Review : Daryl Hall - Laughing Down Crying
PopmattersHas Daryl Hall ever been cooler than he is now? The last decade has seen his work as half of Hall & Oates go from the 1980s nostalgia bin to the rock pantheon. He has become something of a pop culture icon, appearing on hip television shows from Will & Grace to Flight of the Conchords. The electro-pop duo the Bird and the Bee released a non-ironic album of Hall & Oates covers. Though hardly revolutionary, Hall’s Live at Daryl’s House webcast has featured forward-thinking acts like Chromeo and Company of Thieves.
This newfound respect has put Hall in something of an awkward position. Since Hall & Oates’ chart presence started to fade in the late ‘80s, the duo’s bread and butter has been the adult contemporary scene. That’s right, the safe, comfortable, retiree-friendly neighborhood where Sting and Rod Steward now live. Hipsters who grew up listening to “Private Eyes” on the radio may give Hall his credibility, but it’s still primarily their moms and dads who fill the seats at concerts and shell out for CDs.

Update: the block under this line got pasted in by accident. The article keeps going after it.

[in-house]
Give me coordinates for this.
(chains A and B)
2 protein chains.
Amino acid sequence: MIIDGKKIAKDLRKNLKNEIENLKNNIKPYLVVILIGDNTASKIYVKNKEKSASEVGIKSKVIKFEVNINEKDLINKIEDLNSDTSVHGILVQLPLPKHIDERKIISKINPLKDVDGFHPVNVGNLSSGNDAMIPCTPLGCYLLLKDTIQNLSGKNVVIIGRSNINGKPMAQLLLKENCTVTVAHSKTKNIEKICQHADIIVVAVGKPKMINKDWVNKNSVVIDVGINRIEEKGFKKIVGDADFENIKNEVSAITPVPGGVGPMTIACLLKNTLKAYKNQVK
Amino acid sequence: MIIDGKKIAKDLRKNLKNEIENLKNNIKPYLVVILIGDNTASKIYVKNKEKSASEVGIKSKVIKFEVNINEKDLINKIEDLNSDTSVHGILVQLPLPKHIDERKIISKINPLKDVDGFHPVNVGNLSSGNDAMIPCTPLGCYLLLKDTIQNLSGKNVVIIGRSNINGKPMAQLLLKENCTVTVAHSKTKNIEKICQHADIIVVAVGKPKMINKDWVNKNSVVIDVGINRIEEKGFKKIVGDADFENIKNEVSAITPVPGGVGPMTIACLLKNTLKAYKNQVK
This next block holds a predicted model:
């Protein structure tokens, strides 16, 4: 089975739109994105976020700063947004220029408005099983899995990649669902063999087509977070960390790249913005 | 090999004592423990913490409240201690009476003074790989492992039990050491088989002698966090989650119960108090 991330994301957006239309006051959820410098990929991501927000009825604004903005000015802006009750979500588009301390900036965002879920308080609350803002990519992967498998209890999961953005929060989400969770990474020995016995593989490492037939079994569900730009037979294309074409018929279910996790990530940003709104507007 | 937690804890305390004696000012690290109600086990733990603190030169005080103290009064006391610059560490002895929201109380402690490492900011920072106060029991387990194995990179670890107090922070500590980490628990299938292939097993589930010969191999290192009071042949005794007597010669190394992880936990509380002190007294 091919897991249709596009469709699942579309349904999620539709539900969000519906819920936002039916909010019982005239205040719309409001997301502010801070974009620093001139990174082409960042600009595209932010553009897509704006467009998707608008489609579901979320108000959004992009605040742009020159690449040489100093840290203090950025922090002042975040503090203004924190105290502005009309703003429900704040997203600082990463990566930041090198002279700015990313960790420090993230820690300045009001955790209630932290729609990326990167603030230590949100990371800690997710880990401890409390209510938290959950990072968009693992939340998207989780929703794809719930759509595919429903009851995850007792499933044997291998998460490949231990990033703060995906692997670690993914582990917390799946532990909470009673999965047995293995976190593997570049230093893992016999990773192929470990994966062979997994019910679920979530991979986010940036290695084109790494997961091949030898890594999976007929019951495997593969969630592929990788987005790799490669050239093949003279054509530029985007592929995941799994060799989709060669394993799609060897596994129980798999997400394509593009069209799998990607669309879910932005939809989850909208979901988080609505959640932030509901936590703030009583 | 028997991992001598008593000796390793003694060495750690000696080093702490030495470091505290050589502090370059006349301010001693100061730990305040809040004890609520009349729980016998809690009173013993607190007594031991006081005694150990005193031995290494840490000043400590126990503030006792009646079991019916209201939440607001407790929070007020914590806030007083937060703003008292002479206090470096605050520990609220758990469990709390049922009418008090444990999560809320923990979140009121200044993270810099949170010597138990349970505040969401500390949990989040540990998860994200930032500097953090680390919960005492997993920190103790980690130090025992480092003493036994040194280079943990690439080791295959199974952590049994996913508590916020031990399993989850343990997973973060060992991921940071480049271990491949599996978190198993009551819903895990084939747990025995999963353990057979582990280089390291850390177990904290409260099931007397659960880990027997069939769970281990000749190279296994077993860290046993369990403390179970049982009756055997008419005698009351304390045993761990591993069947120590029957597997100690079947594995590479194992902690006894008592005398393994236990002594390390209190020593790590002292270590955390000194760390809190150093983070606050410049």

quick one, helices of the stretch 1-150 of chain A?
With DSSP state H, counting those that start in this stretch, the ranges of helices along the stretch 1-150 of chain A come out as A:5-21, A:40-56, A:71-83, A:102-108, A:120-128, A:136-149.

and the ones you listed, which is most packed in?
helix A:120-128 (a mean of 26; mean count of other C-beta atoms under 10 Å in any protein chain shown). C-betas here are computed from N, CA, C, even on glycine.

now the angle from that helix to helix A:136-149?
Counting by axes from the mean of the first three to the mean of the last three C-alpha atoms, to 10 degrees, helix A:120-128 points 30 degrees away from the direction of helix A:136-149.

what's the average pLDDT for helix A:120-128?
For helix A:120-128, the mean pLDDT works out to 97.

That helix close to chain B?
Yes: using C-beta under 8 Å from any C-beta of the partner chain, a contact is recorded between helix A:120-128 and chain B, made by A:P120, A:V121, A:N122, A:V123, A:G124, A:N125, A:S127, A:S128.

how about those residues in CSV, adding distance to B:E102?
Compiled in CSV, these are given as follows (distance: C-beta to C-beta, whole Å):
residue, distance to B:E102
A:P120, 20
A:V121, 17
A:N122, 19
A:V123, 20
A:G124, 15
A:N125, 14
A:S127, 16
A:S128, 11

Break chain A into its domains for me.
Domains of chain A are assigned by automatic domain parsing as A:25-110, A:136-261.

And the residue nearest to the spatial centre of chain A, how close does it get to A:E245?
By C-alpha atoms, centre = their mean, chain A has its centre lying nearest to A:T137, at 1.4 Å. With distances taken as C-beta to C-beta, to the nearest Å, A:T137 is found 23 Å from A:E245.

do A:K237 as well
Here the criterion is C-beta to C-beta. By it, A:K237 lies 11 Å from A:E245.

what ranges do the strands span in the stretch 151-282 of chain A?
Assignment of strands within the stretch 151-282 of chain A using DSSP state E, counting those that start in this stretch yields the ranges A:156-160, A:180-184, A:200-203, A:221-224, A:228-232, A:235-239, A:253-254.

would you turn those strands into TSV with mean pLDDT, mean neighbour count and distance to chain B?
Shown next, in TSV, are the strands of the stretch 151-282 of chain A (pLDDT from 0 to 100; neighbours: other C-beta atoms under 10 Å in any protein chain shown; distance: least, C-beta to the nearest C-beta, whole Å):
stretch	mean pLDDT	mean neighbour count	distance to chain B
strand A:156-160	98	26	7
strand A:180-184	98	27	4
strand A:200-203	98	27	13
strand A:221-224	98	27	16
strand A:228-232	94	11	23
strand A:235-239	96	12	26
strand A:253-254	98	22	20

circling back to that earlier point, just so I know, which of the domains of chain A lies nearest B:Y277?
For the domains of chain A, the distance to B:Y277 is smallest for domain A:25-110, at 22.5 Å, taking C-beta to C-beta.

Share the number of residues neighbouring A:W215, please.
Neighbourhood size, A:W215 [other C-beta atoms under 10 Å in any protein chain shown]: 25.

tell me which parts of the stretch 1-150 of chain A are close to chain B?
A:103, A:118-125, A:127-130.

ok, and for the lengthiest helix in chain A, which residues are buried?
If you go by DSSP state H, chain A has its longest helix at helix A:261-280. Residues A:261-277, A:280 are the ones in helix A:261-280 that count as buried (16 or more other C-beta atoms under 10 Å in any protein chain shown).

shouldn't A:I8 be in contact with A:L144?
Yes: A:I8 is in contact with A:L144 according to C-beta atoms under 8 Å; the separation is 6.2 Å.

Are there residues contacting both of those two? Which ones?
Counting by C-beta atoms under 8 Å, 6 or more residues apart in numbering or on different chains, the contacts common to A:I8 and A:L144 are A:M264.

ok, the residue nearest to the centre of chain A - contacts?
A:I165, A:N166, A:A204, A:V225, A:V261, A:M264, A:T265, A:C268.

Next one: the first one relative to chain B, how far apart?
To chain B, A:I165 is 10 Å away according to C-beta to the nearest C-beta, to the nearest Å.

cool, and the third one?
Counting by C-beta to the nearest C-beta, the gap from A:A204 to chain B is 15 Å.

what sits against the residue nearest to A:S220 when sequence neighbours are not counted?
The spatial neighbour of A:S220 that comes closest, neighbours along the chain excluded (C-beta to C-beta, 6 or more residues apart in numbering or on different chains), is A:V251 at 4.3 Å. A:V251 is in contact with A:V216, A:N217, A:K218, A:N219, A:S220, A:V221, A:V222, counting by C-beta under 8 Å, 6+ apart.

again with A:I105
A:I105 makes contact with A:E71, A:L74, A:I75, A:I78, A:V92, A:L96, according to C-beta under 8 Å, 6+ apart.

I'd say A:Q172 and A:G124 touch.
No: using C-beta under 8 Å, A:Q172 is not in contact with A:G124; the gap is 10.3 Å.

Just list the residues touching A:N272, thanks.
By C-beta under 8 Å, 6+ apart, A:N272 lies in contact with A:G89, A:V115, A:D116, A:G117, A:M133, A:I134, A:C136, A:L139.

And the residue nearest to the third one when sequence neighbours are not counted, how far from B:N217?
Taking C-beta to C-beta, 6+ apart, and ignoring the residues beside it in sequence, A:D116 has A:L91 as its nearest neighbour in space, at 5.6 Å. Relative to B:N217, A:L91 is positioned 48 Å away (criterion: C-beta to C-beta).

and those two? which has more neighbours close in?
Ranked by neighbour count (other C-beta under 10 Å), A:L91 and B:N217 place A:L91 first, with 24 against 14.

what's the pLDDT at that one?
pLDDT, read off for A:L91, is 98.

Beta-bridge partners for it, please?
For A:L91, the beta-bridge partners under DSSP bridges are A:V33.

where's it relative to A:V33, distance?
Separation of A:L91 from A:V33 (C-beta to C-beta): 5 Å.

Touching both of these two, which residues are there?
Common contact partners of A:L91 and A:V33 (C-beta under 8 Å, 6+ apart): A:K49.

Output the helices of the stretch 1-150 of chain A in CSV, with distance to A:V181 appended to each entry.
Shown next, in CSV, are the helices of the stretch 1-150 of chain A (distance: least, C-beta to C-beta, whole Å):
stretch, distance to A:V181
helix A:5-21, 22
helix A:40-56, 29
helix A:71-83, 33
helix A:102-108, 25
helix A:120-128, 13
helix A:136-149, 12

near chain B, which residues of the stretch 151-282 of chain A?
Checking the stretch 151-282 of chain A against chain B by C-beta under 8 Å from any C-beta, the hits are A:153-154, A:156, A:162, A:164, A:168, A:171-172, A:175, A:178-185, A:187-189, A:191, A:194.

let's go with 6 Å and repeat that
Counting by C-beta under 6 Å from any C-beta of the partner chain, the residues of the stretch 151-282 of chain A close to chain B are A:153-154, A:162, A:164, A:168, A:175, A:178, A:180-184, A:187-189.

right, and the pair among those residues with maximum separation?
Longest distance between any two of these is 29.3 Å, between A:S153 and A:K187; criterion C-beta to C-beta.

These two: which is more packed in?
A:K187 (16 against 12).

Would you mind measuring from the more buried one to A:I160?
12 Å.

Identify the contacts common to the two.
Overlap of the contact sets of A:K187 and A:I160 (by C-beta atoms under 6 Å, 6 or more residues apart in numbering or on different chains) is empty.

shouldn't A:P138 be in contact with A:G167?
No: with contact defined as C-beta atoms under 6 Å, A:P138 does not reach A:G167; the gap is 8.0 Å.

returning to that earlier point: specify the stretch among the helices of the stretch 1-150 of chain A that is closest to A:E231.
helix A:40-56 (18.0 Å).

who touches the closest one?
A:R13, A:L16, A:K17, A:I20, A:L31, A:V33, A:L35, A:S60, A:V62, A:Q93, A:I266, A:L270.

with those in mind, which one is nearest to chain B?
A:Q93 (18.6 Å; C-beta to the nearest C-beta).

Hall made his first solo album, the edgy Sacred Songs, with Robert Fripp. He is not exactly a stranger to more progressive types of music. Now would seem to be a great time for him to call on one of his alterna-rock fans like Ben Gibbard or some of his Live At Daryl’s House collaborators. He would risk alienating some of that core adult alternative audience, sure. But he would have a chance to prove that, in his mid-60s, he is capable of making music as revitalized as his reputation. Instead, Hall made Laughing Down Crying with longtime collaborators and studio pros Paul Pesco and Greg Bieck. Old Hall & Oates hands T-Bone Wolk, Mickey Curry and Charlie DeChant also make appearances....full text
BlogcriticsI am always amazed and somewhat intrigued by how different Daryl Hall’s solo music sounds compared to his work with John Oates. Is the true Daryl Hall the consummate pop artist who is half of one of music's most commercially successful duos of all time, or is he the edgy rocker of his early solo days? His new album, Laughing Down Crying, places him somewhere in the middle.